Authors: William Mirza,Thom Lemmons
Tags: #Christian, #Islam, #Political, #Fiction, #Suspense, #Historical, #War & Military, #Judaism, #Iranian Revolution, #Cultural Heritage, #Religious Persecution
Ezra returned from the appointment with the
to find Firouz’s scribbled note on the blotter pad. Not recognizing the name “Nijat,” but surmising the call was in response to his ad, he grabbed the phone and dialed the number.
From just inside the storeroom, Firouz listened carefully as the old Jew began speaking.
“This is Solaiman. I believe you called while I was out today…. Yes, I placed the ad concerning the Nasser Pharmacy. I see. Yes,
Nijat, I would most certainly like to meet with you.” Ezra glanced toward the storeroom.
Firouz quickly turned away from the doorway, loudly shuffling the invoices on his clipboard. He heard Ezra continue in a lowered voice.
“Perhaps you could care to come to my house? We can discuss the matter at greater leisure. After all, this is a very busy place—customers coming in and out all the time.” Ezra gave a small chuckle. “Very good, then. I will look forward to your call.” He gave the caller his home telephone number and hung up. Again he glanced toward the storeroom, but Firouz had his back turned, busily matching invoices with shipping labels. Ezra was ecstatic. Two strokes of good fortune in a single day!
In the storeroom, Firouz looked again at the classified section of the paper he had purchased while Ezra was out. He had circled one ad: “For Sale: Profitable Business in a Prime Location.”
The taxi neared the entrance to Mehrabad International Airport. Two armed
stood on either side of the gate, looking inside each vehicle as it passed through. The taxi slowed. One of the
leaned through the rear window, in Ezra’s face. “Who are you, and what is your business?” demanded the scraggly bearded guard, scarcely more than a boy, his eyes suspiciously flickering between Ezra and the carrying case.
Just as Ezra opened his mouth to reply, Hafizi spoke from the front seat. “This man is a friend of mine. He and his wife are accompanying me to the gate where I must meet a plane. Please do not delay us—my business is urgent.”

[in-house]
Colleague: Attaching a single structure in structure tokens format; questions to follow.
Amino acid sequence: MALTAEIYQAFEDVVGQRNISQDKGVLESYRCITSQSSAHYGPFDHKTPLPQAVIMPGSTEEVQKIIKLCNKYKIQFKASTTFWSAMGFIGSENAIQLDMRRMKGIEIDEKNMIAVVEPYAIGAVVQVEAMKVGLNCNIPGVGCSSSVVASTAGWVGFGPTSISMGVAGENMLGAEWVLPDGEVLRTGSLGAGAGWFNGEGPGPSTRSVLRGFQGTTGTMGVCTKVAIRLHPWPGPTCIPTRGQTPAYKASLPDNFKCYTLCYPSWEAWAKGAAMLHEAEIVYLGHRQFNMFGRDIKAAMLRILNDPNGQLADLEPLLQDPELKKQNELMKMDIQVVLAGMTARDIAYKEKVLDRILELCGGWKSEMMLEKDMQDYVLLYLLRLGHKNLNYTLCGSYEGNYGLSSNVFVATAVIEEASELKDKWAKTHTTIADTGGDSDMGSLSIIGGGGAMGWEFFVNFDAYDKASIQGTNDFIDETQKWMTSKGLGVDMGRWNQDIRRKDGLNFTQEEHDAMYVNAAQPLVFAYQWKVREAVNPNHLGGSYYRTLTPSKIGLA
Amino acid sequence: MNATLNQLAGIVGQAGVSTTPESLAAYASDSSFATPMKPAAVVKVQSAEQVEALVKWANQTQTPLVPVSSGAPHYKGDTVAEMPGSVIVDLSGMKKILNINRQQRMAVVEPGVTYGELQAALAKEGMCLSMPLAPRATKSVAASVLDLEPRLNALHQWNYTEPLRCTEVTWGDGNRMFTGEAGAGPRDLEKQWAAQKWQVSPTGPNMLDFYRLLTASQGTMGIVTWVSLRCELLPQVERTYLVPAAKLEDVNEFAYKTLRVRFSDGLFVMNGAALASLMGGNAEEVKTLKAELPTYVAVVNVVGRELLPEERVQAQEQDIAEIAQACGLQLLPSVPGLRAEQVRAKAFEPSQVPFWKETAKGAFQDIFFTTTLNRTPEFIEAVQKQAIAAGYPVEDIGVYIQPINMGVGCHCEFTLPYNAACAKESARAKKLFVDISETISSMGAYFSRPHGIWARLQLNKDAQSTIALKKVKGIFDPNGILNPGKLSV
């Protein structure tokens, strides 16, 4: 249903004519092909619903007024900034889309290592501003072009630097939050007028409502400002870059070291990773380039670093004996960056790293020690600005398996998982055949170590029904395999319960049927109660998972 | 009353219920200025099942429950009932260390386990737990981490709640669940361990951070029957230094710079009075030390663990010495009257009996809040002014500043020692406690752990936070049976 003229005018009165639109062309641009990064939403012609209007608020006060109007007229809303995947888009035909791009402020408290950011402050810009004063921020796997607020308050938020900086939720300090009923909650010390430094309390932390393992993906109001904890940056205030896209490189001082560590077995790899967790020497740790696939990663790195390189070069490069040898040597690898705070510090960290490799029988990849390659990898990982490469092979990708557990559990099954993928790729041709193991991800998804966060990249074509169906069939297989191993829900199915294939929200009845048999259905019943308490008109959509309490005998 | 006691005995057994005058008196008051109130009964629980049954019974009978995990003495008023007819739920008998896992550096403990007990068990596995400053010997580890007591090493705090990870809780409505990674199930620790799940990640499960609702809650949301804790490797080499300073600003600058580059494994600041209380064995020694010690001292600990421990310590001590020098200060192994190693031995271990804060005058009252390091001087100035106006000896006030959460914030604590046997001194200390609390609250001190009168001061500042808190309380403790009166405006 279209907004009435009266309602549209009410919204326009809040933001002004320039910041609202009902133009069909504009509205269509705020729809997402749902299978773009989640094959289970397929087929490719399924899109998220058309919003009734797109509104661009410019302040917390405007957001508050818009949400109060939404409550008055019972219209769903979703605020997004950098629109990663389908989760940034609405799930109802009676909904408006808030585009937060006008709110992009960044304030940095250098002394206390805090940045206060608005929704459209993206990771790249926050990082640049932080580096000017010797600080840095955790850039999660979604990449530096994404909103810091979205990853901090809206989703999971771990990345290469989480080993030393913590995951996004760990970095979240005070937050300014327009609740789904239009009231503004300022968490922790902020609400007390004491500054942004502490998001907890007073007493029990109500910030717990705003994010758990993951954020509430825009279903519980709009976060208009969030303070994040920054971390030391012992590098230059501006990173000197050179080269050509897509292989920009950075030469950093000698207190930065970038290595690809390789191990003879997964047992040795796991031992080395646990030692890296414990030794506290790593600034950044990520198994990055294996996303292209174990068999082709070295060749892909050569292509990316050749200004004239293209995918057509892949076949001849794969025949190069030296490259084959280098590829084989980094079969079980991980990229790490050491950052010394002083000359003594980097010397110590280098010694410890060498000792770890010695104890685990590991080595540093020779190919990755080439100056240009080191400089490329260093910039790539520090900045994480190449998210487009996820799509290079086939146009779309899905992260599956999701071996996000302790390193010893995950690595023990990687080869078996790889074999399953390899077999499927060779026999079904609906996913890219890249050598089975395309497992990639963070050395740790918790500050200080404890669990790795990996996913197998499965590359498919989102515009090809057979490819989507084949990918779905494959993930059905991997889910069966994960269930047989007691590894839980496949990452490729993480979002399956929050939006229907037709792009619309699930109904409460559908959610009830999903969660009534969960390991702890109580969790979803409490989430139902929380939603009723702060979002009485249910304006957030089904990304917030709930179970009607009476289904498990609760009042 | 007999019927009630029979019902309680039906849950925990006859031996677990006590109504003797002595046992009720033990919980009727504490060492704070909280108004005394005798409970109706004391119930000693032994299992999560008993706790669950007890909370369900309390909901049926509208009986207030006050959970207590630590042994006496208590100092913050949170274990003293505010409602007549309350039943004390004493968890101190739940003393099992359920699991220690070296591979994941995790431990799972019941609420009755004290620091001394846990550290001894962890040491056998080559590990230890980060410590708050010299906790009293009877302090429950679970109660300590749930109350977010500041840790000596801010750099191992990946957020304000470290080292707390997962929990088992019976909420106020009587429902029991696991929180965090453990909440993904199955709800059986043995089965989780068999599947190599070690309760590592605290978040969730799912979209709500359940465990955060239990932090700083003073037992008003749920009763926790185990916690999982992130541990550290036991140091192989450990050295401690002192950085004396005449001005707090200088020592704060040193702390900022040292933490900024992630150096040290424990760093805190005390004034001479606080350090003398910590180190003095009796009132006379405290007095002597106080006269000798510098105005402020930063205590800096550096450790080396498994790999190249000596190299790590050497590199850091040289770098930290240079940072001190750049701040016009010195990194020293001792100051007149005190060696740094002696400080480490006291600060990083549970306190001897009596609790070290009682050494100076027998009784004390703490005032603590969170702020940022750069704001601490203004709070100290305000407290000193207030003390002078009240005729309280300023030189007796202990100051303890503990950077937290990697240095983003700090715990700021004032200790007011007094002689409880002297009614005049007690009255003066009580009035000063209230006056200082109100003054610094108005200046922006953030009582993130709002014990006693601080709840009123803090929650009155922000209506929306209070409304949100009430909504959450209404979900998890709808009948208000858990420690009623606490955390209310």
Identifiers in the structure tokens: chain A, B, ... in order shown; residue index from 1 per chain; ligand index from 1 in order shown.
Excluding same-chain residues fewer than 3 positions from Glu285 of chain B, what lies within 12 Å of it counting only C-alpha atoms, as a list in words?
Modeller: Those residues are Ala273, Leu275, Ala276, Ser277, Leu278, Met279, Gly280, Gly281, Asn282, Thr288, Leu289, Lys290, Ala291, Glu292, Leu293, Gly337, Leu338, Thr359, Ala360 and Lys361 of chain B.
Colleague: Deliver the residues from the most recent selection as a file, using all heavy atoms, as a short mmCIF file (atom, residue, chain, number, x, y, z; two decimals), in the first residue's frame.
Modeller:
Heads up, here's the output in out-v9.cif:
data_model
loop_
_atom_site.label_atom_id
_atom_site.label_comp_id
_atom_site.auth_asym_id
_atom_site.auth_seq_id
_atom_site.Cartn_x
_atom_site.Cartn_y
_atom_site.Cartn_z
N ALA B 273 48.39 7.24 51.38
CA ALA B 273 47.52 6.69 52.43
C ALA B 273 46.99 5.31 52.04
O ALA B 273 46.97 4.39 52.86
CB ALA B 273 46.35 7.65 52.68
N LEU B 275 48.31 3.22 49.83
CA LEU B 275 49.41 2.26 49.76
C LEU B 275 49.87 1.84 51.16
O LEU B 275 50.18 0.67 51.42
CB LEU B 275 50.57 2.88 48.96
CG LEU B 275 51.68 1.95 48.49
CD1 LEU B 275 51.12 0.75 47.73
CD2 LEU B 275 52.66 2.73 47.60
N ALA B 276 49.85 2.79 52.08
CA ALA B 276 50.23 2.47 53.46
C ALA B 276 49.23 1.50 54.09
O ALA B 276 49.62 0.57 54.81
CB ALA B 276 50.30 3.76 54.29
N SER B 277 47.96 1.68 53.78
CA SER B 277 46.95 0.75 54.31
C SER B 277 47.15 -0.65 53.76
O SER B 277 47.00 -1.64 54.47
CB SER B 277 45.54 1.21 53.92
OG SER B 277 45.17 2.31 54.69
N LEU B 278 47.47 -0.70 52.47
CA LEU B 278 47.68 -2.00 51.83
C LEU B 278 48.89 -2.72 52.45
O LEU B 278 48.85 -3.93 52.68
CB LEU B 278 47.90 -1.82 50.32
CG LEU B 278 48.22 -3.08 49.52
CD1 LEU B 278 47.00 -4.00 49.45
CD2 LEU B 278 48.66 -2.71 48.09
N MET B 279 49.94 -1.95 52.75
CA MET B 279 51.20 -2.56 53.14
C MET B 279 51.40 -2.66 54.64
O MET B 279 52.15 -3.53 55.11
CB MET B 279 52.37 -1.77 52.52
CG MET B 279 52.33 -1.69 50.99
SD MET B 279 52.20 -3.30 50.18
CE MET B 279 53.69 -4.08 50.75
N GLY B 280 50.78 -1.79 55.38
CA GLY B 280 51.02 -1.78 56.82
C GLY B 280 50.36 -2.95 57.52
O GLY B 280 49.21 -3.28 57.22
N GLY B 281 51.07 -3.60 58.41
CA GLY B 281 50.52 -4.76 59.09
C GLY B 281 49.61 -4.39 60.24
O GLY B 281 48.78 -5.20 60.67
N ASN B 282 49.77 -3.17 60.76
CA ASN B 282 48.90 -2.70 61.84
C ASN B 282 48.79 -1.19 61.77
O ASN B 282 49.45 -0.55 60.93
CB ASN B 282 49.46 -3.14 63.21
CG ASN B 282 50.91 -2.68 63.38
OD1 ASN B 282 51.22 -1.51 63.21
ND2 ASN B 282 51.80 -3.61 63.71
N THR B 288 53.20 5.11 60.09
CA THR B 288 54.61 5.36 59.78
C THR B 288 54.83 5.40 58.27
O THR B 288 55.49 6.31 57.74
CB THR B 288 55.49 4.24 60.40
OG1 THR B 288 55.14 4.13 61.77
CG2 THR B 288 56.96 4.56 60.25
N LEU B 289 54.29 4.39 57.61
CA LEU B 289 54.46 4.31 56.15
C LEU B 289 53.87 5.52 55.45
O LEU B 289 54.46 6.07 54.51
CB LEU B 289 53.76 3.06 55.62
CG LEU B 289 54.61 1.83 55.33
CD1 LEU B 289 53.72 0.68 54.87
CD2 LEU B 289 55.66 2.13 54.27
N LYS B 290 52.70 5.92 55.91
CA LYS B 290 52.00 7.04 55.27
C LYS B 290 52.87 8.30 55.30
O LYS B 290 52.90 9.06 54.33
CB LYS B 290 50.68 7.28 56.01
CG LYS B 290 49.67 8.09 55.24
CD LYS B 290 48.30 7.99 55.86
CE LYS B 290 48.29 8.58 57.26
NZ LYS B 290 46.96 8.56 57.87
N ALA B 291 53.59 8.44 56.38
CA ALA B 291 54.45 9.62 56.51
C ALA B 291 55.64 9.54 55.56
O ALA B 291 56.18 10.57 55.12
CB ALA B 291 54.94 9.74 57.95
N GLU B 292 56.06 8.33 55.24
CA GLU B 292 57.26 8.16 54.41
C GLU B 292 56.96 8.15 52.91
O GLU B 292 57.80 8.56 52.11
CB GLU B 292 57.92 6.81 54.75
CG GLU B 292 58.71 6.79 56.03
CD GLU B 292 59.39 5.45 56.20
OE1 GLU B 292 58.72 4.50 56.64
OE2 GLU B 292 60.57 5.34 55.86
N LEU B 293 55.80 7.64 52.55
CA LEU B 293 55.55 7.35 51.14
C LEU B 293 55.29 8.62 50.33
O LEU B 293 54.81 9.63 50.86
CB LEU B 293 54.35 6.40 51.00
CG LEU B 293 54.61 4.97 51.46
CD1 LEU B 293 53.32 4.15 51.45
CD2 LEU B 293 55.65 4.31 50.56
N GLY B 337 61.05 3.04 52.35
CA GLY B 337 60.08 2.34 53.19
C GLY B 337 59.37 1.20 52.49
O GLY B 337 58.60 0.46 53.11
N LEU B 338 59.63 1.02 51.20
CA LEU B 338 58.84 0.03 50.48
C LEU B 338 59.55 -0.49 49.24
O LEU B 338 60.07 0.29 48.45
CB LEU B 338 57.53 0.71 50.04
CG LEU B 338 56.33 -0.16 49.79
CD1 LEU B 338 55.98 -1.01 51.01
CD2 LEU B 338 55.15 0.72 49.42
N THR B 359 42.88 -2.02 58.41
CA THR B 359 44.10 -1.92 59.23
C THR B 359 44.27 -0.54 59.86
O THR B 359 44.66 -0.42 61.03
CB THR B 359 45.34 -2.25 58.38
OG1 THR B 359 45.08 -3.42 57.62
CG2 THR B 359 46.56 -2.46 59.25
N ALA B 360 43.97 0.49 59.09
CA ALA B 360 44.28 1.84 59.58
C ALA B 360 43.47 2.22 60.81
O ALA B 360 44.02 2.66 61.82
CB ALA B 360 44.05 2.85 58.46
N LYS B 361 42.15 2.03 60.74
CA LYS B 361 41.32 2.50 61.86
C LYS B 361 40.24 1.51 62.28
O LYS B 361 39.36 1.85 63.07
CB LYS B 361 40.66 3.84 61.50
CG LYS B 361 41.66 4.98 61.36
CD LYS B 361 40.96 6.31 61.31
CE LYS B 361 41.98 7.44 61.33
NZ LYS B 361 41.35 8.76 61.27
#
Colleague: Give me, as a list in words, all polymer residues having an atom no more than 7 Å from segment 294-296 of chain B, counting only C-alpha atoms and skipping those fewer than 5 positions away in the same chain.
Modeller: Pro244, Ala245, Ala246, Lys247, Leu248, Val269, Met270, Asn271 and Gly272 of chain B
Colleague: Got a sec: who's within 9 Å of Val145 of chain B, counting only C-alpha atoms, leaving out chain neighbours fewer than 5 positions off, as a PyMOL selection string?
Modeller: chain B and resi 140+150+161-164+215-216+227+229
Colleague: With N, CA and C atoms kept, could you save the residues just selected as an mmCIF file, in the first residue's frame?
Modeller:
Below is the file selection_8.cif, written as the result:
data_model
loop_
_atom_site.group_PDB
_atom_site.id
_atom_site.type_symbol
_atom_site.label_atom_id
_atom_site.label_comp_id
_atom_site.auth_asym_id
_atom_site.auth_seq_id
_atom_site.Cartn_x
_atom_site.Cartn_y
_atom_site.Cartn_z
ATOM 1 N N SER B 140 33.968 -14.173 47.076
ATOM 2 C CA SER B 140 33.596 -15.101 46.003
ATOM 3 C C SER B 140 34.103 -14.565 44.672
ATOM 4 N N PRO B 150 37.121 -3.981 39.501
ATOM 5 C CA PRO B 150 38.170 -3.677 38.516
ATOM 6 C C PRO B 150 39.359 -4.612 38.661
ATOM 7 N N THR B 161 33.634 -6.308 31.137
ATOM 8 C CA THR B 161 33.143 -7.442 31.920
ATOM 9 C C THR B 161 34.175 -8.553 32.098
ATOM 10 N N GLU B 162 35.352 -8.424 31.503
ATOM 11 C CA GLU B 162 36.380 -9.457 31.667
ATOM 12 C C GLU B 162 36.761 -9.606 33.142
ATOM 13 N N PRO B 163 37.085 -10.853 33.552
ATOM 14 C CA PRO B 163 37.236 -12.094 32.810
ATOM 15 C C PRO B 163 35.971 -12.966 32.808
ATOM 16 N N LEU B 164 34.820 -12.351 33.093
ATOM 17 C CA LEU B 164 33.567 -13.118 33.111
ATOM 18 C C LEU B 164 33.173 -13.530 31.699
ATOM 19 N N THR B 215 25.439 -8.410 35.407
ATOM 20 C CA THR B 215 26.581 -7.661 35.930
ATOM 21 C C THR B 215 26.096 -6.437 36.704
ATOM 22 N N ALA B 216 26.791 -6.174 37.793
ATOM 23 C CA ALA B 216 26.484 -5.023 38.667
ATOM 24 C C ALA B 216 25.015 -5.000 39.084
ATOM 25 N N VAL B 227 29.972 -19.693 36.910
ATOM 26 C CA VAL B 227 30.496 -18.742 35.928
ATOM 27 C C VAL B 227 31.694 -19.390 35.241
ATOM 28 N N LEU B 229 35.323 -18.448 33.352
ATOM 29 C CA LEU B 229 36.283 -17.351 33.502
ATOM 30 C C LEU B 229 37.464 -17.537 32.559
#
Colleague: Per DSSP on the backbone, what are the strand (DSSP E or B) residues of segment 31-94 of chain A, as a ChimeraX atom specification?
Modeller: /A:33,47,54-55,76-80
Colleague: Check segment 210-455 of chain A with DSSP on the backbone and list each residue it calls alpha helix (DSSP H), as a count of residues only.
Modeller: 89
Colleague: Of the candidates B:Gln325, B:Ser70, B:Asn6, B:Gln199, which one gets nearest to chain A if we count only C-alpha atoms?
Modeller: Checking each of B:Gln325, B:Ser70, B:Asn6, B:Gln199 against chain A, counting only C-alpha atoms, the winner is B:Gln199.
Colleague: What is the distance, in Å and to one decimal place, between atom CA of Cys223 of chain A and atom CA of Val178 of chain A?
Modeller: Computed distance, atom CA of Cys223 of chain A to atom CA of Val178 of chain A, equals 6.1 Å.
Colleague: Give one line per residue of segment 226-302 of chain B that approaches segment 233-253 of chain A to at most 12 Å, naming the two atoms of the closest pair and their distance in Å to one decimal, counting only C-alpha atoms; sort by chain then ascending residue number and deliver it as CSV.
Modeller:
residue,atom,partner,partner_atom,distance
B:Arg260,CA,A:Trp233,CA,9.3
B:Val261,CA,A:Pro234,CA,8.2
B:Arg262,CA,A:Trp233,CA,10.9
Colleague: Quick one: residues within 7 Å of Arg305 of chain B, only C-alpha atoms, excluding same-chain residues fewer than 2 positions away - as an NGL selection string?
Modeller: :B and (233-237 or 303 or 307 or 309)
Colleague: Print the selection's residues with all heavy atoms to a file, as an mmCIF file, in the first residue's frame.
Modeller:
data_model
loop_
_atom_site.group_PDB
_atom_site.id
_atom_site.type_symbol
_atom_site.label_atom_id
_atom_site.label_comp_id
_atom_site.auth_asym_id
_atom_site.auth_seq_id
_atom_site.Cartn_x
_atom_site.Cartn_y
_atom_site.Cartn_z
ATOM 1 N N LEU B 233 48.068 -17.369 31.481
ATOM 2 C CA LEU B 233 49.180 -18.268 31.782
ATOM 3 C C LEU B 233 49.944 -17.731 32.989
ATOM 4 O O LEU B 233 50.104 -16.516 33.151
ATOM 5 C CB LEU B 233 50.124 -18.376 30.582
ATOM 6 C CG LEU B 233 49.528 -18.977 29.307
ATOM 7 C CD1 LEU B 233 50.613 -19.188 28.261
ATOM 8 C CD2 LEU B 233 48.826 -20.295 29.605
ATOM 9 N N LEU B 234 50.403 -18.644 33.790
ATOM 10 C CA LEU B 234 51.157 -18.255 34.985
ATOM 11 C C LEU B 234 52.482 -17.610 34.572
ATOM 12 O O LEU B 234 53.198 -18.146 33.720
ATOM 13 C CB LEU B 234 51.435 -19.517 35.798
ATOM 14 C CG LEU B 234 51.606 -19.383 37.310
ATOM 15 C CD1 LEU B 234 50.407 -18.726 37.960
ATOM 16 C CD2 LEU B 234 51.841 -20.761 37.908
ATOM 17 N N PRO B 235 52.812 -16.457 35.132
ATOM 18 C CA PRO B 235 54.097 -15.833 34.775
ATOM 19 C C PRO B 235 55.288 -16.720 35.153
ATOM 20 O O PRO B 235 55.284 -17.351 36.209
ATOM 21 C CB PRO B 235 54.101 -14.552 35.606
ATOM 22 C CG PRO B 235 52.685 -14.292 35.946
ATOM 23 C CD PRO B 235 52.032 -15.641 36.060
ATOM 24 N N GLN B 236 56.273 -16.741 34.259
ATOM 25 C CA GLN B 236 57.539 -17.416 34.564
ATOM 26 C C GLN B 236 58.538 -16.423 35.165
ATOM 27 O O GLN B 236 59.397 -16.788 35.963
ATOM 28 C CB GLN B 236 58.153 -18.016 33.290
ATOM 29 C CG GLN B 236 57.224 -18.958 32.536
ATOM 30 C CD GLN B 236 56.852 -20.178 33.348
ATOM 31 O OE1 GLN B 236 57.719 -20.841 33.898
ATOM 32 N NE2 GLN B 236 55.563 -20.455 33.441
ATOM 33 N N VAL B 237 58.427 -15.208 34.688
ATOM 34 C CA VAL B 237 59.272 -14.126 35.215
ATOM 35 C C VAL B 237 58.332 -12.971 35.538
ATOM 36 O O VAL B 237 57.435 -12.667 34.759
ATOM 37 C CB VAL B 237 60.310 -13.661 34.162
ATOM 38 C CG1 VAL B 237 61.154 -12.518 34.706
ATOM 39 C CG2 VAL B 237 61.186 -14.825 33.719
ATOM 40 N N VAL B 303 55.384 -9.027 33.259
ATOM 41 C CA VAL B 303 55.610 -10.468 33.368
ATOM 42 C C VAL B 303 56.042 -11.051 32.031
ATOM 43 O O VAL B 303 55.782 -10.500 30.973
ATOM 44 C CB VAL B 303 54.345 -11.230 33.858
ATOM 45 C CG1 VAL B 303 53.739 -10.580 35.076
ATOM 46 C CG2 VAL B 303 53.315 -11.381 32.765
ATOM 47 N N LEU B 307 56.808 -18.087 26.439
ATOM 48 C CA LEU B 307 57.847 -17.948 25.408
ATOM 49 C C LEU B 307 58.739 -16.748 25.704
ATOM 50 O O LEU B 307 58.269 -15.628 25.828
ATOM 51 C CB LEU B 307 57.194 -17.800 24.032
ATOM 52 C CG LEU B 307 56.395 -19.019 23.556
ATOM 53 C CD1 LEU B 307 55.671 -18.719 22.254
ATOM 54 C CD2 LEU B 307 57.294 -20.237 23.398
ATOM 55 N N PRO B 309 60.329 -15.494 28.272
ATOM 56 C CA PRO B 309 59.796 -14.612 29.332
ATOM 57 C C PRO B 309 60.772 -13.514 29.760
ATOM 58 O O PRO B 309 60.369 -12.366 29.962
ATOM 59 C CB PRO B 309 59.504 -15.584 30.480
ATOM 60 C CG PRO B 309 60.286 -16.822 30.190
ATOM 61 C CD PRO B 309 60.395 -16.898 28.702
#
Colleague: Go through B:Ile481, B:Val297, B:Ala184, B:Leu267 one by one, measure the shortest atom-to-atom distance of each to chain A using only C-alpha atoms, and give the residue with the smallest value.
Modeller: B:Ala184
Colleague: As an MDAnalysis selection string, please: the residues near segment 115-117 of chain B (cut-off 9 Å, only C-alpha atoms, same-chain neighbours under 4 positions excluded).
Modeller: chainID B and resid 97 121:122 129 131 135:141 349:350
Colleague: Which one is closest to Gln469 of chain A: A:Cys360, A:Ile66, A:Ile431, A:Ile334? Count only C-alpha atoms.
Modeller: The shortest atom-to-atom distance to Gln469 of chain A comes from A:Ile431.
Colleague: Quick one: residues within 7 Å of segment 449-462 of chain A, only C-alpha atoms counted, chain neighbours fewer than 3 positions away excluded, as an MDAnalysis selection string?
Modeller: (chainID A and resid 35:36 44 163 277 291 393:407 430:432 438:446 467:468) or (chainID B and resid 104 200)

looked at his partner, across the car, and received a slight nod in reply. He stepped back and impatiently waved the taxi through. He glared after them as they drove toward the customs building.
“Didn’t I warn you something like this would happen? Didn’t I tell you it was unwise to continue seeing her?” Khosrow’s father spoke quietly, but the anger in his tone was unmistakable. Khosrow kept his face lowered, holding the ice pack to his forehead as much to avoid his father’s ire as to reduce the swelling above his left eyebrow.
“Father,” he said, “what they were doing was wrong.”
“That is not what I’m saying, Khosrow. No one knows better than I the injustices being committed in the name of Allah and the so-called Imam Khomeini. Believe me, I know what’s going on out there! I deal with it every day at work. It takes all the tact and caution I have to keep my job and stay off the mullahs’ purge lists, to survive the craziness in one piece and keep this family from starvation. I only hope you will learn from this, Khosrow. I hope it can teach you the danger of being conspicuous in times such as these. I have learned that I cannot afford rugged individualism just now. You must learn this too.”
Khosrow said nothing. His father’s advice was nothing new. Since the tide first began to turn against the Shah, most of his parents’ conversations with each other, with him, and with his brothers had been variations on a similar theme. He suppressed the flare of indignation burning in his chest. It angered him that he was being chastised for taking a stand. What about the thugs who had carved on Sepi’s desk? What were they? Heroes?
“I know you care for this Solaiman girl,” his father was saying, “but I am not sure you understand the price you may have to pay for your affection. And not only you, Khosrow. Whole families have been blacklisted because of the activities of a single member.”